We like to go to social gatherings, why? We can network. Allah created natural networks for us. When we go to Masjid, there are people that we will continuously run into. These are the same people that come to pray in the Masjid. They will get to know who you are and you get to know about them. Every time they need to buy something, they will come to you. Every time you need their help, you go to them. This is how natural networking takes place in Islam. Simply by going to the Masjid. This is also one of the key elements to success. People who are social have more chances of growth than those who live in isolation.
The next pillar of Islam is Zakah or Zakat. Zakat is the charity that we give out. What are some elements of success that you find out in giving charity? When we give charity, our wealth does not decrease. Rather it is increased in Barakah (blessing) as this is the promise of Allah. We often hear the phrases ‘sharing is caring’ and ‘when we give, we receive’. This is the essence of Zakat. Zakat teaches us to share what Allah has granted us to take care of those who are less fortunate. It also helps us avoid being selfish. The greatest element of success is bringing balance into the world. If you were to look into this world, you will see there is a great dichotomy. There is a great division. Zakat is the institution that Allah has established so that there may be a balance in society. Those people may not have to resort to begging and stealing. If the richest people give out 2.5 percent of their wealth, it will eradicate poverty from some of the countries.
Allah commands us to fast during the month of Ramadan. You will see that the underline premise in this month is restraint and gratitude. That we restrain ourselves from food and drink so that we may recognize the blessings that Allah has bestowed upon us. By abstaining from food, drink, physical pleasures, indecent speech, fighting and lustful thoughts, fasting helps us develop self-control, purify the body and empathize with the poor and hungry.
Sound health takes a central place in the path to leading a prosperous and successful life. Ramadan brings a whole bunch of health benefits. According to research, fasting is a powerful therapeutic process that can help people recover from mild to severe health conditions. Allan Cott, in his book “Fasting as a Way of life” noted that “fasting brings a wholesome physiological rest for the digestive tract and central nervous system and normalizes metabolism.” Ramadan fasting helps to reduce blood sugar, cholesterol, and systolic blood pressure. It is an ideal treatment for obesity, essential hypertension, and improved digestive system.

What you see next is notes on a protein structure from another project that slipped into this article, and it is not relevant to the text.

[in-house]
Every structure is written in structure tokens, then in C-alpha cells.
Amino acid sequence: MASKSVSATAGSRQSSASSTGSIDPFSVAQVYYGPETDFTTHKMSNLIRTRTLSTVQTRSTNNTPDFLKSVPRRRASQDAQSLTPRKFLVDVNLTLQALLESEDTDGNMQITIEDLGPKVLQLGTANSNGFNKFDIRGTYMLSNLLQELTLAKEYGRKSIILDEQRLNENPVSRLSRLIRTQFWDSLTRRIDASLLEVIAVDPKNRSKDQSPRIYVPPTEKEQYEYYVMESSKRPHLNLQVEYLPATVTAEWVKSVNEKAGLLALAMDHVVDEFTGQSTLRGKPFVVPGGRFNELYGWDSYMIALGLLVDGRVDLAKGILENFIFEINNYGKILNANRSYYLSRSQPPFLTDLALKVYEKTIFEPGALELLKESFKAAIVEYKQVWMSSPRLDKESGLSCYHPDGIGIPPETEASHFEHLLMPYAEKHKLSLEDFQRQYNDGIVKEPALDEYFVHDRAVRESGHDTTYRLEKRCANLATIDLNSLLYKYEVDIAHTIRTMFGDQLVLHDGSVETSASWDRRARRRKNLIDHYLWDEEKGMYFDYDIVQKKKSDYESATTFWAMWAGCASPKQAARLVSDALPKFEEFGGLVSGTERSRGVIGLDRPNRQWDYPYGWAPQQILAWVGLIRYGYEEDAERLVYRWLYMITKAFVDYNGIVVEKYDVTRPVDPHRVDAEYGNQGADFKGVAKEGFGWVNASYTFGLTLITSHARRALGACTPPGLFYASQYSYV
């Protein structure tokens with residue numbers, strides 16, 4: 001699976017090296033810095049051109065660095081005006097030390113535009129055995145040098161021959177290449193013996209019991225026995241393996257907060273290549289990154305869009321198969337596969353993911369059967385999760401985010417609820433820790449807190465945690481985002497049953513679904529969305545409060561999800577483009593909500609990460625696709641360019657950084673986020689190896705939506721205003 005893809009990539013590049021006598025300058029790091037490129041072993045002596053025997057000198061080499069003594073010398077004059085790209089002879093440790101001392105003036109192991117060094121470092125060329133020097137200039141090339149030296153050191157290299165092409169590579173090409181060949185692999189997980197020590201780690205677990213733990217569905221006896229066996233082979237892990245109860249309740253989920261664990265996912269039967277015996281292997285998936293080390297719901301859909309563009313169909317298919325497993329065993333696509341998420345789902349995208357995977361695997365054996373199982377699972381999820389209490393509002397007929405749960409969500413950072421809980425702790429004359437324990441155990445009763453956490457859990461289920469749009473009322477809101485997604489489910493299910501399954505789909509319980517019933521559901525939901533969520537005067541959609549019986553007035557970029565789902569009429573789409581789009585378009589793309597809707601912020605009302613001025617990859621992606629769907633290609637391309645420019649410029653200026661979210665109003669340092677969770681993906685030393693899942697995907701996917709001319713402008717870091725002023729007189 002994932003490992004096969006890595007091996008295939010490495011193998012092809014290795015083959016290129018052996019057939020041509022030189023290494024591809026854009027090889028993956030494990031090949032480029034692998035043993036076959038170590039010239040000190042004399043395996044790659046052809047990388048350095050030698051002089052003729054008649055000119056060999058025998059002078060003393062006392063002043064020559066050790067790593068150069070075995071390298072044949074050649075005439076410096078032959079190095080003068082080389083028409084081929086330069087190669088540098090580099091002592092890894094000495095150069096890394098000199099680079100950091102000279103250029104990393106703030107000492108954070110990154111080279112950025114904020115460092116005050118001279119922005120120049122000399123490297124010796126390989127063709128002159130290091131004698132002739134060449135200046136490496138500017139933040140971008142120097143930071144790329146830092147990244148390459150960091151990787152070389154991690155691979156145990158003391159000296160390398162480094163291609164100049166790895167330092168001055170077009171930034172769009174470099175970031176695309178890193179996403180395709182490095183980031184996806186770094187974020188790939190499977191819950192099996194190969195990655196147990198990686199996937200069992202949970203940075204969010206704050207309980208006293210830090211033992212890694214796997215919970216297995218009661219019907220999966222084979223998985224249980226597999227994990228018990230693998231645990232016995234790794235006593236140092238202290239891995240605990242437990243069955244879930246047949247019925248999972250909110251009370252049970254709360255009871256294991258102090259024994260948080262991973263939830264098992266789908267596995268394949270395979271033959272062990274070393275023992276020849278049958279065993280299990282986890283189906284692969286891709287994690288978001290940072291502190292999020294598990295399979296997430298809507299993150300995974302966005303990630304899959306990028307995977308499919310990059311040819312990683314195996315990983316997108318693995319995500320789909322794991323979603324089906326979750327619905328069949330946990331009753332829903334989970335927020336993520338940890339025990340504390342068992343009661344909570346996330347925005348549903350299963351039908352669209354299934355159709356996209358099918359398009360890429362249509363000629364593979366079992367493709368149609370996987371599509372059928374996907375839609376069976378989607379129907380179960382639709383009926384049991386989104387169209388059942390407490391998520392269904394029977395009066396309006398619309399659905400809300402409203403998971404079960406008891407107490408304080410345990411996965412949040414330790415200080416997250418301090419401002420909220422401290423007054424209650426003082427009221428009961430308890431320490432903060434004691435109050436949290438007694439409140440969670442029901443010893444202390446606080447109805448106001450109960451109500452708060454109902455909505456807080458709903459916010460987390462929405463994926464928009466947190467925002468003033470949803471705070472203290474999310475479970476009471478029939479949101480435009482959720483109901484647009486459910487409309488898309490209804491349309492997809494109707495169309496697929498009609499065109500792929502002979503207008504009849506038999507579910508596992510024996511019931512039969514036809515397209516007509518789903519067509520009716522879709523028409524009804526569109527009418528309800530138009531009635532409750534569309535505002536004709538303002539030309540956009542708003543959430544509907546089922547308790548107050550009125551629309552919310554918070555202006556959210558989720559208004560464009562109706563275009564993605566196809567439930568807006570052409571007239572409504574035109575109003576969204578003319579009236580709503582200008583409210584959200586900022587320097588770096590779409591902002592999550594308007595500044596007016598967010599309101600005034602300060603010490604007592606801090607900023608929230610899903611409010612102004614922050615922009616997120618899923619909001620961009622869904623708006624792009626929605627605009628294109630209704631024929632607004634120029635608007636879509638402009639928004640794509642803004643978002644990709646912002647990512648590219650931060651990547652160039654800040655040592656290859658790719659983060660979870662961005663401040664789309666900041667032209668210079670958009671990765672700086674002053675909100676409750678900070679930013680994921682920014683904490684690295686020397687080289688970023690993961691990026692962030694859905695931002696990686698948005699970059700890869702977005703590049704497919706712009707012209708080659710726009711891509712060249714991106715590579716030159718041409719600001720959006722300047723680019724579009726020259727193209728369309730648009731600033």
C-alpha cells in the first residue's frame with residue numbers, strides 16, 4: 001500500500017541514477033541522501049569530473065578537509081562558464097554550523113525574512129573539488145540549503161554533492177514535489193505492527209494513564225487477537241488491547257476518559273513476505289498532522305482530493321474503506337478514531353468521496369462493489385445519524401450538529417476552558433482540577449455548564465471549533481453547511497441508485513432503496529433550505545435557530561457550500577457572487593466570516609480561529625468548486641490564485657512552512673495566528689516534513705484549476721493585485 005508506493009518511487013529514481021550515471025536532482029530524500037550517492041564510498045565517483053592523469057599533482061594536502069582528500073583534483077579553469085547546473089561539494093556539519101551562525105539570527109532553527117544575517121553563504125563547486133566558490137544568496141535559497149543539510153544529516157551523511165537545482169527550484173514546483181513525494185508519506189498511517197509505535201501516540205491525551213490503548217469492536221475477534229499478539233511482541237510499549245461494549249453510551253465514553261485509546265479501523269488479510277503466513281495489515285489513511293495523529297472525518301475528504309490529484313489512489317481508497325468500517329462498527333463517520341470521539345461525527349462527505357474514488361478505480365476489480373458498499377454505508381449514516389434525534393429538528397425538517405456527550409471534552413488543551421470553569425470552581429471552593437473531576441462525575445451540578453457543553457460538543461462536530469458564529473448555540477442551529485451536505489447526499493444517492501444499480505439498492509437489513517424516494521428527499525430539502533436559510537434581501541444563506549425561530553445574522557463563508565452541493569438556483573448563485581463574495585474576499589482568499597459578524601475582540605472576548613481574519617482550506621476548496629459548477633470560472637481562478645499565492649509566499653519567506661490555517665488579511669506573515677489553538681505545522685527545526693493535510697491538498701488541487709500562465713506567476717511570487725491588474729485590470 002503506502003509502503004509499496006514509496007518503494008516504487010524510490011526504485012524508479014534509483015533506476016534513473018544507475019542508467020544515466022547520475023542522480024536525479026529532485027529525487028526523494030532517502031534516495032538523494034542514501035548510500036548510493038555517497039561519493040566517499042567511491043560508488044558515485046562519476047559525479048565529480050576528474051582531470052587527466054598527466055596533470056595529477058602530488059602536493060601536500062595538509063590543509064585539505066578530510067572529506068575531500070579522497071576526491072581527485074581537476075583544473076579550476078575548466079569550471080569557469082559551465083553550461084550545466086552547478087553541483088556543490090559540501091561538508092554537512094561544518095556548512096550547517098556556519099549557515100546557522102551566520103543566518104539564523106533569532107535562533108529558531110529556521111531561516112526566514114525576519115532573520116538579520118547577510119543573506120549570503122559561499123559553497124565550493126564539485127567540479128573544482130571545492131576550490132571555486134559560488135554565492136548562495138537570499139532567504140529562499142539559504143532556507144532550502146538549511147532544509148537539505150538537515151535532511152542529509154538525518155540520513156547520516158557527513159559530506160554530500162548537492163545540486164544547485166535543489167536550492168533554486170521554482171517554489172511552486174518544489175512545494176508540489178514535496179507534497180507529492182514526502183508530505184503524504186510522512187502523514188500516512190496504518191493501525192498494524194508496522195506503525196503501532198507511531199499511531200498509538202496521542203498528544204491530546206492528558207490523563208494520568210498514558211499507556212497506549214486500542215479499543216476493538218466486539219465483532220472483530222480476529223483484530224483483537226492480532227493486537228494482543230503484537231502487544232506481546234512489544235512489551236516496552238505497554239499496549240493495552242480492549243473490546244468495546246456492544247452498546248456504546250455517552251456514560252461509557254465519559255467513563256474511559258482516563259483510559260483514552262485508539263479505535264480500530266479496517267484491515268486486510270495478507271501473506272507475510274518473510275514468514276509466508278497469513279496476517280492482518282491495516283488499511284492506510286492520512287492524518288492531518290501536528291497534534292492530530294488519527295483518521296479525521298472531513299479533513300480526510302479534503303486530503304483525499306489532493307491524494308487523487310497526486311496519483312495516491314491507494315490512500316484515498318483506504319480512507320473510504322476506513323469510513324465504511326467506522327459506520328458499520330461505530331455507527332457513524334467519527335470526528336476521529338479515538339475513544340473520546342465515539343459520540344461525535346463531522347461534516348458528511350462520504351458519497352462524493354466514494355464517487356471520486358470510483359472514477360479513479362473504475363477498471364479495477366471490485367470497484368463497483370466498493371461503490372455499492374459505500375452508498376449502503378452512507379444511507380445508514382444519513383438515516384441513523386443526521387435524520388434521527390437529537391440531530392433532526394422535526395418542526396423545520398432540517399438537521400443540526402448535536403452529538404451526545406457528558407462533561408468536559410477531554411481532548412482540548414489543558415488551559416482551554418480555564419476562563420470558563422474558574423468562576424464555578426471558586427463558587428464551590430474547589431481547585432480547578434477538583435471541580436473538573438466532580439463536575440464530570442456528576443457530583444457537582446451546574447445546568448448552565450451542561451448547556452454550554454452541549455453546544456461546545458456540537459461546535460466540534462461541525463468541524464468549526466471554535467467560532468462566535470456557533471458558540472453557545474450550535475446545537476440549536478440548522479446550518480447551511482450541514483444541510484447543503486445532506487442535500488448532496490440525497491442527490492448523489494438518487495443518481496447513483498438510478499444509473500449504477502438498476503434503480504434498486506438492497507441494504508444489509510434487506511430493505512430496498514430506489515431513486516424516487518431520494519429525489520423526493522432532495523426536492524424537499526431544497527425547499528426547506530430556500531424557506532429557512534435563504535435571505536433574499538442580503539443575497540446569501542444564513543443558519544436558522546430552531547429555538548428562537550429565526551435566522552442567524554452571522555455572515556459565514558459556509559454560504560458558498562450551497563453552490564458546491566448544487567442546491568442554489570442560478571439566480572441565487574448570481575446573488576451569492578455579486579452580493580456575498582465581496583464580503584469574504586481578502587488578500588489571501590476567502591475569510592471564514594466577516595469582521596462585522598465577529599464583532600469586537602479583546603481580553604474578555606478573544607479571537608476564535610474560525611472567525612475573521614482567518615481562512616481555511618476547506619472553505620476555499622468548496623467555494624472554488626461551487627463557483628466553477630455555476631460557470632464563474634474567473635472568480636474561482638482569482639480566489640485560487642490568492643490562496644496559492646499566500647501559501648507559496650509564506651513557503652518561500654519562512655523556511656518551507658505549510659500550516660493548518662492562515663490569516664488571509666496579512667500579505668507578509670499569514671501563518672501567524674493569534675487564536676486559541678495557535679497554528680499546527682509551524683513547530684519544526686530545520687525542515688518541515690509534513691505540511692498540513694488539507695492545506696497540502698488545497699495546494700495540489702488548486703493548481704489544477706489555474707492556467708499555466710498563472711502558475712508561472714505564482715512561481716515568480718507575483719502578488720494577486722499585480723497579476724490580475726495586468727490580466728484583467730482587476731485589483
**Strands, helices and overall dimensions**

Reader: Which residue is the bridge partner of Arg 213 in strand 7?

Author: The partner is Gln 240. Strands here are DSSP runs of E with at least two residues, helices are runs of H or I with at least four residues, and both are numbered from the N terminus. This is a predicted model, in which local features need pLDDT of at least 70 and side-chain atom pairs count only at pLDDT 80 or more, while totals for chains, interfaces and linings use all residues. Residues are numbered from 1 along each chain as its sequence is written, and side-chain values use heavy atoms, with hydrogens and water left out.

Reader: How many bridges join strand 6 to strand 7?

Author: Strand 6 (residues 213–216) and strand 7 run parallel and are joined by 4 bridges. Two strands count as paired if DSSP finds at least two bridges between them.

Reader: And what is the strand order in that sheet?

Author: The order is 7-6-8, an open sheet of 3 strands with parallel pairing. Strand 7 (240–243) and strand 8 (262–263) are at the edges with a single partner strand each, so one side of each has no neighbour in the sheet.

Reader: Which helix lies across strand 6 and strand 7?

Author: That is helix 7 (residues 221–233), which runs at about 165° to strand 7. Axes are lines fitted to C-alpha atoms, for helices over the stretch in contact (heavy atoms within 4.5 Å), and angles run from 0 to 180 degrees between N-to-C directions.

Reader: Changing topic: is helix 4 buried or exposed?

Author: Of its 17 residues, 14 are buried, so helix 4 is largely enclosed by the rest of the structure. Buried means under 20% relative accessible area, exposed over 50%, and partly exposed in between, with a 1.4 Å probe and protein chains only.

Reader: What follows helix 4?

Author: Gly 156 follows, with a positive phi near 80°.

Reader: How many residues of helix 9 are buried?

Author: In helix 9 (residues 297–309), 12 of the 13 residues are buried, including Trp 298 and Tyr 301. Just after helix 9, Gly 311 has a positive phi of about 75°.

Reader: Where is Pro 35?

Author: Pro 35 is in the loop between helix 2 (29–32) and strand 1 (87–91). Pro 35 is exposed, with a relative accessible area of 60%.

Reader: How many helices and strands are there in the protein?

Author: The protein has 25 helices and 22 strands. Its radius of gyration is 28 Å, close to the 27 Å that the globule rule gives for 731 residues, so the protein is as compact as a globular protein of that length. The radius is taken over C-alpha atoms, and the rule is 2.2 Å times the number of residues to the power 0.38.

Going for Hajj is the last pillar of Islam. Hajj is the ultimate journey that a Muslim takes. He leaves behind his family, spends a large amount of money and puts his body through the ultimate test. Through Hajj, there are a lot of lessons and benefits that can be learned. The greatest benefit is what it does to the believer. An individual who makes sacrifice grows and progresses more. Hajj is an ultimate challenge where Allah (SWT) takes you to the peak of your ability and sacrifice i.e. sacrificing your family, your wealth, and your body. Going for the Safa & Marwah, going for the Tawaf, going to Mina & in Arafah all requires a lot of dedication and sacrifice. The biggest part of sacrifice is controlling your temper in the day of Hajj. You are taught patience and gratitude and how to control anger. All these qualities come out of Hajj.
Narrated Abu Huraira: Allah’s Apostle said,
“Whoever performs Hajj to this House (Ka’ba) and does not approach his wife for sexual relations nor commits sins (while performing Hajj), he will come out as sinless as a newly-born child. (Just delivered by his mother).” (Bukhari, Book 28, Hadith 45).
Another Hadith states that the reward of an accepted Hajj is no less than paradise.
About the Author:
Hafiz Ikram Ullah is an Islamic scholar & researcher with a Master’s degree in Islamic law. He has been teaching Quran translation and Islamic jurisprudence since 2013. In his free time, he reads books, travels, and cooks. You can follow him on Twitter.